If I look back at why I quit smoking just over four years ago, I would say that it was driven by the desire to break away from the slavery, even though an unforeseen health scare precipitated my action to quit. Wealth, or expense if you prefer, didn’t even come into the picture.
When people first start smoking, health issues are the furthest things from their minds. The average young adult doesn’t think about what cigarettes are doing to their bodies. Wealth is just a matter of getting some money together to afford the next pack, buying some rolling tobacco, or scrounging a few here and there from friends. Slavery isn’t even a consideration. Addiction is something that happens to others. Besides, smoking is legal, so how bad can it really be?
Roll on a few years, and people start realizing that they’re hooked. “OK, so it’s addictive, and I will stop in the near future” they say to themselves. On the plus side, there are no signs of health issues. No serious health issues, that is. Everybody gets a cold, and some mild wheezing in winter is to be expected. The expense is bearable, just about. Slavery rears its ugly head, but so long as there is hope in quitting one day, it’s all still under the smoker’s control.
And yet a few more years later and the wheezing and coughing is still there, although more frequently. Some shortness of breath while doing simple tasks starts to appear. But, overall the health is still OK. Smoking is still affordable, even if we struggle a little. There is always a way to get the nicotine fix, because that is what it has become; a fix. The realization that we really are addicted to smoking starts to creep in. We attempt to stop, once, twice, maybe a few times, but somehow things don’t work out. Something always prevents us from quitting, so we start smoking again.
We get frustrated, but at least we’re not dying of some hideous illness, yet. We’re worried about cancer and emphysema, but only when we actually take the time to think about it. Luckily, our overall well-being hasn’t really been impacted so far. We continue to smoke, despite knowing the worsening health risks. We know from experience that we can afford to smoke. It’s the damned slavery that really starts hitting home. “I don’t enjoy being bound by these chains. I want out!”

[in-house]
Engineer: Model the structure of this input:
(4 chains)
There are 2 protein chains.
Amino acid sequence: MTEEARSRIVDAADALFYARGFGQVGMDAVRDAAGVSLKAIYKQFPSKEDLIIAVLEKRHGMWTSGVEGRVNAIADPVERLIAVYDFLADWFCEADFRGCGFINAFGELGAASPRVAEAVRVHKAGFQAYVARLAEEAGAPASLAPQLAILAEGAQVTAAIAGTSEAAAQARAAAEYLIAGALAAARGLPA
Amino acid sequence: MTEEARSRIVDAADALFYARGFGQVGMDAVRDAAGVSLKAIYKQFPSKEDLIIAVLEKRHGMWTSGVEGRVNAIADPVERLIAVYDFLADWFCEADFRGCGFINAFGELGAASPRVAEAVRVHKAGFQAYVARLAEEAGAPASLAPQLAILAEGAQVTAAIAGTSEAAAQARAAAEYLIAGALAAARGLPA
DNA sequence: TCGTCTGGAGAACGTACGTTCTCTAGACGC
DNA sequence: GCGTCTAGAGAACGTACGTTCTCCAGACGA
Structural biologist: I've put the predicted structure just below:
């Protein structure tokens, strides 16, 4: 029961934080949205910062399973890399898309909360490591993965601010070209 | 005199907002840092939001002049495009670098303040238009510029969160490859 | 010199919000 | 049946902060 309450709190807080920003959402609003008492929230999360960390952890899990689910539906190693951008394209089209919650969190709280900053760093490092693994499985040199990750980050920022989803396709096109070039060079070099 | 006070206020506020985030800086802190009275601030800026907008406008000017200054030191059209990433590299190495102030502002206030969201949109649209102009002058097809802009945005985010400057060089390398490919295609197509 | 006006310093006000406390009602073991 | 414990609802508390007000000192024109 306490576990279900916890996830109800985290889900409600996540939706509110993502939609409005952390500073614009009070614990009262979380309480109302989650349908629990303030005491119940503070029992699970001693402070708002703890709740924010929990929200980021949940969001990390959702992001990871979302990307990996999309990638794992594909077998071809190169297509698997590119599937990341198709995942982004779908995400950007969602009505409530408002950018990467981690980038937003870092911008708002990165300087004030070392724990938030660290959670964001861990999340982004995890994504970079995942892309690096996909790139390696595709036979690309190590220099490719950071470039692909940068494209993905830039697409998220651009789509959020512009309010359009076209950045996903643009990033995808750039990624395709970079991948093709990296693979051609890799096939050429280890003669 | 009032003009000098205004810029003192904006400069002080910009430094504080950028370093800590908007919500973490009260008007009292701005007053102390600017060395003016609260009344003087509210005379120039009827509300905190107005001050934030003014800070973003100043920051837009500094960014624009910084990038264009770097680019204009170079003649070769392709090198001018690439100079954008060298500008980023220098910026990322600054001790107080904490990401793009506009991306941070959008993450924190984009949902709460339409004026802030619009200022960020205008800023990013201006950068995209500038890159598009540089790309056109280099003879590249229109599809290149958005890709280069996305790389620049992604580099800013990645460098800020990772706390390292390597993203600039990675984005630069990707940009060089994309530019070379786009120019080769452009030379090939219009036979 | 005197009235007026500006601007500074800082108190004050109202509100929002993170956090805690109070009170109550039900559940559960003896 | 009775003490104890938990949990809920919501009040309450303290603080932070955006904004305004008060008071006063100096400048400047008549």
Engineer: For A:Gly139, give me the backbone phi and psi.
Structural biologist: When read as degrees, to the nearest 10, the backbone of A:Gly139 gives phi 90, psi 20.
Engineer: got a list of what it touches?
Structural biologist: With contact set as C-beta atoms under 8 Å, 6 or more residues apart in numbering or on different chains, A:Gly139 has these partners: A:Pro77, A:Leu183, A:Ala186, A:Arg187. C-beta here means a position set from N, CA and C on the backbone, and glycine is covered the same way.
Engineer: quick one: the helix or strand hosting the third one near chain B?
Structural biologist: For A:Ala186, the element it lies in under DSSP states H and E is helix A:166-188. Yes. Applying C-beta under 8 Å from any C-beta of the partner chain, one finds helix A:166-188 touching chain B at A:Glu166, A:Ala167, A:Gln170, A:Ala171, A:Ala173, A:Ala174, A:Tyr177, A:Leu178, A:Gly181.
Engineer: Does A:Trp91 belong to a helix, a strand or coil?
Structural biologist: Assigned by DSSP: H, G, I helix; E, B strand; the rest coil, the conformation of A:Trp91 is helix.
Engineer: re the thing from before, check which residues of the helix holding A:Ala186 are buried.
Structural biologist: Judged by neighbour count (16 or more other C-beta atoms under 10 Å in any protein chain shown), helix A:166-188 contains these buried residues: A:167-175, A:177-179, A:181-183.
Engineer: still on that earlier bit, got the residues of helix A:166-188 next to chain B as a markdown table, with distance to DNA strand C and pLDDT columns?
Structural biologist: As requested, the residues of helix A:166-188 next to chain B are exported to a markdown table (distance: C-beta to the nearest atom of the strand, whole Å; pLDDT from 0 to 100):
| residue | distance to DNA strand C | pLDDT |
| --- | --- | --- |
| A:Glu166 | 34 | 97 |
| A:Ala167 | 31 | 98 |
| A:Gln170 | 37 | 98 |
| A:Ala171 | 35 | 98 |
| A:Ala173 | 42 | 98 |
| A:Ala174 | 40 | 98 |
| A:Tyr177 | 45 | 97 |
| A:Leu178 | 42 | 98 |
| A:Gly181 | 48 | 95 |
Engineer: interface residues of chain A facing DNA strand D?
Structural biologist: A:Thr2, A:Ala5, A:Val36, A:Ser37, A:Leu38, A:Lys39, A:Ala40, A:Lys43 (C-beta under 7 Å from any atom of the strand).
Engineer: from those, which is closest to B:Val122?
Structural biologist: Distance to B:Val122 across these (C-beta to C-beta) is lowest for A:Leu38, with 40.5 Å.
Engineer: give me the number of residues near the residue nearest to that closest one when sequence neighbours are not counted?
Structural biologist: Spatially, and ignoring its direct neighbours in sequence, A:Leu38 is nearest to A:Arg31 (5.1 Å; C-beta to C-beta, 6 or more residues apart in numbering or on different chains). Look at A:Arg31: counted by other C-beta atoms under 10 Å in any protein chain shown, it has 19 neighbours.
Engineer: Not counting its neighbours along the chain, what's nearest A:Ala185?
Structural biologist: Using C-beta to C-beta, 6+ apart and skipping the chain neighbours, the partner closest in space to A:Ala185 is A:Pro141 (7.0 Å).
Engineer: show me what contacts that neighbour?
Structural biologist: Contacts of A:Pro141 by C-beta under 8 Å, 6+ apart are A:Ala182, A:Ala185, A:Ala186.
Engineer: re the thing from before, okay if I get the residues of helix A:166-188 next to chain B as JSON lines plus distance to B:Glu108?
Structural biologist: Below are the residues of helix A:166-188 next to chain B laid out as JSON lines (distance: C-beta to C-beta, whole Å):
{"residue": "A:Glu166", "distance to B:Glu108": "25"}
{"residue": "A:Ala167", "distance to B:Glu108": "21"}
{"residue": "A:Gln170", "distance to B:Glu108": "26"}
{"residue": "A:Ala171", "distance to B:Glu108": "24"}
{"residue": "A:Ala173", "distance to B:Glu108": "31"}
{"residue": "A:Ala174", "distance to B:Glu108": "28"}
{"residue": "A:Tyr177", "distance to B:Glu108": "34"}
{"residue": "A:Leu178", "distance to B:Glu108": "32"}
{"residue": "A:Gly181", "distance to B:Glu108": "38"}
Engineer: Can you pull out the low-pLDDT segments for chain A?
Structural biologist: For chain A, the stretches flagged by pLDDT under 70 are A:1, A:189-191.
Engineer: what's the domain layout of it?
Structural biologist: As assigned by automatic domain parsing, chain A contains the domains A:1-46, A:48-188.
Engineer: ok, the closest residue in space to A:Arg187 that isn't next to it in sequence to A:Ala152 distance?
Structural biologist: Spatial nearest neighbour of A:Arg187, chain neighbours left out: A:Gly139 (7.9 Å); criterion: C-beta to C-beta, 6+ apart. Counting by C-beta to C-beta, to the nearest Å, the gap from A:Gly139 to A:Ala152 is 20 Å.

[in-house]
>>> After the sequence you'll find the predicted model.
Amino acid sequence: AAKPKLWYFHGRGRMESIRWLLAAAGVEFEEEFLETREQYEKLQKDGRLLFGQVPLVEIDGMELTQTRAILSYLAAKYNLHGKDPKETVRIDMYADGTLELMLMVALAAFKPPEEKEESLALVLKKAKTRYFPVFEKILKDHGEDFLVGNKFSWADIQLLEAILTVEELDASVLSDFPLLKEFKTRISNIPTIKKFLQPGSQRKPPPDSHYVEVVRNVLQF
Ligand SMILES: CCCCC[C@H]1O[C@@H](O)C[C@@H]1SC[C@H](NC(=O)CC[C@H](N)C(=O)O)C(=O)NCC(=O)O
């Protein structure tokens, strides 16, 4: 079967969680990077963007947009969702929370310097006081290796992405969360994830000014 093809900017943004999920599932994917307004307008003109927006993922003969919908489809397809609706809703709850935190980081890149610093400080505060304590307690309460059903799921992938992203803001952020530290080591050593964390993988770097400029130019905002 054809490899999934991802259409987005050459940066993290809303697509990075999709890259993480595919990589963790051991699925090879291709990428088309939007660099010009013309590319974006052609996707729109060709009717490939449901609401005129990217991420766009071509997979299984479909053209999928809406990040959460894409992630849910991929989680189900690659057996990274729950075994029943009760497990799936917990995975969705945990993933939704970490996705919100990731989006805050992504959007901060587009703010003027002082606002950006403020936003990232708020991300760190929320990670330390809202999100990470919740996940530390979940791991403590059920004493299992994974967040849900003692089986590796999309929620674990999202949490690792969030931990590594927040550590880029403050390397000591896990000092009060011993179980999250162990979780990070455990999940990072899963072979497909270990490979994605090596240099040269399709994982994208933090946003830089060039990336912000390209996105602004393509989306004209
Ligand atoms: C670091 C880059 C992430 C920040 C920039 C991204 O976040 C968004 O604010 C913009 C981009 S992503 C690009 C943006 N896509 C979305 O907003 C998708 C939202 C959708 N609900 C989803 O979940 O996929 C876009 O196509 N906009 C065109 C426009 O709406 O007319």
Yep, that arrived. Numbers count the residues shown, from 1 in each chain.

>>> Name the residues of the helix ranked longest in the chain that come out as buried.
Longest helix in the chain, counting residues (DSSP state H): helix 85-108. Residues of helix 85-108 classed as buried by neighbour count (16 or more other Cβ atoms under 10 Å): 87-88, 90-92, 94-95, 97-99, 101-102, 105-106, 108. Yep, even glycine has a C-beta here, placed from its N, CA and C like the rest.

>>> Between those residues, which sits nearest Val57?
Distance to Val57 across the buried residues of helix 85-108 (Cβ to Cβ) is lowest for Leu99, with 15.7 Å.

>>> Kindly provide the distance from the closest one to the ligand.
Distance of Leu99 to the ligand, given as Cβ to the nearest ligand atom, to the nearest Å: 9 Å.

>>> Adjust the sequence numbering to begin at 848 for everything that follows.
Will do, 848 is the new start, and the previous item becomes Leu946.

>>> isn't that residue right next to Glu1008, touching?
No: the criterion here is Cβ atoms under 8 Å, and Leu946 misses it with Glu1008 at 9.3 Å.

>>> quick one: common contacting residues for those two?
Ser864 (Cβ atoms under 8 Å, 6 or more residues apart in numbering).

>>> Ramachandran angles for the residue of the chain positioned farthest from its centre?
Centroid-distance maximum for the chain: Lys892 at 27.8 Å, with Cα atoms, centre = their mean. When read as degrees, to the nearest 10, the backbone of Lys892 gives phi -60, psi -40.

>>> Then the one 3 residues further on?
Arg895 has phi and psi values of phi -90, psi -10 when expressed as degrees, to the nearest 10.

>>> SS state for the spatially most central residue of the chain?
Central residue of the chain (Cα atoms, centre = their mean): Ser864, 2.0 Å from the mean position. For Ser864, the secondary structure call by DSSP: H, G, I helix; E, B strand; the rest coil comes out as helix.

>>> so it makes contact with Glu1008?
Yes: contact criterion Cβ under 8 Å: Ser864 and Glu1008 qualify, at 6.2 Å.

My partner has often told me that health-wise, nothing is wrong until it is. As I have written about before, we don’t know what is going wrong inside our bodies until it manifests itself in the form of symptoms. That’s what happened to me. I woke up one morning with a deep-vein thrombosis (DVT) in my left leg and subsequently had to spend ten days in hospital. I was convinced that it was self-induced from smoking, even if the doctor’s declined to comment on the correlation, other than telling me “It’s time you quit smoking.”
On the face of it, in my case health trumped slavery. I was absolutely sick of being tied down to smoking and all that it entailed, but the health ‘incident’ happened before I could take action against being a slave. Would I have kicked the habit if it hadn’t been for the DVT? I don’t rightfully know because I wasn’t given the choice. All I know is that I’m glad that the health scare wasn’t cancer. Either way, I’m a happy non-smoker these days.
To conclude, I don’t believe that wealth (or expense) should ever be used as a primary reason to quit smoking, because people will always find a way to obtain cheap tobacco. Health and slavery, on the other hand, should always be high on the agenda of reasons to quit. In fact, I would venture to say that you should seriously consider fighting the slavery first, before any health issues tear you down.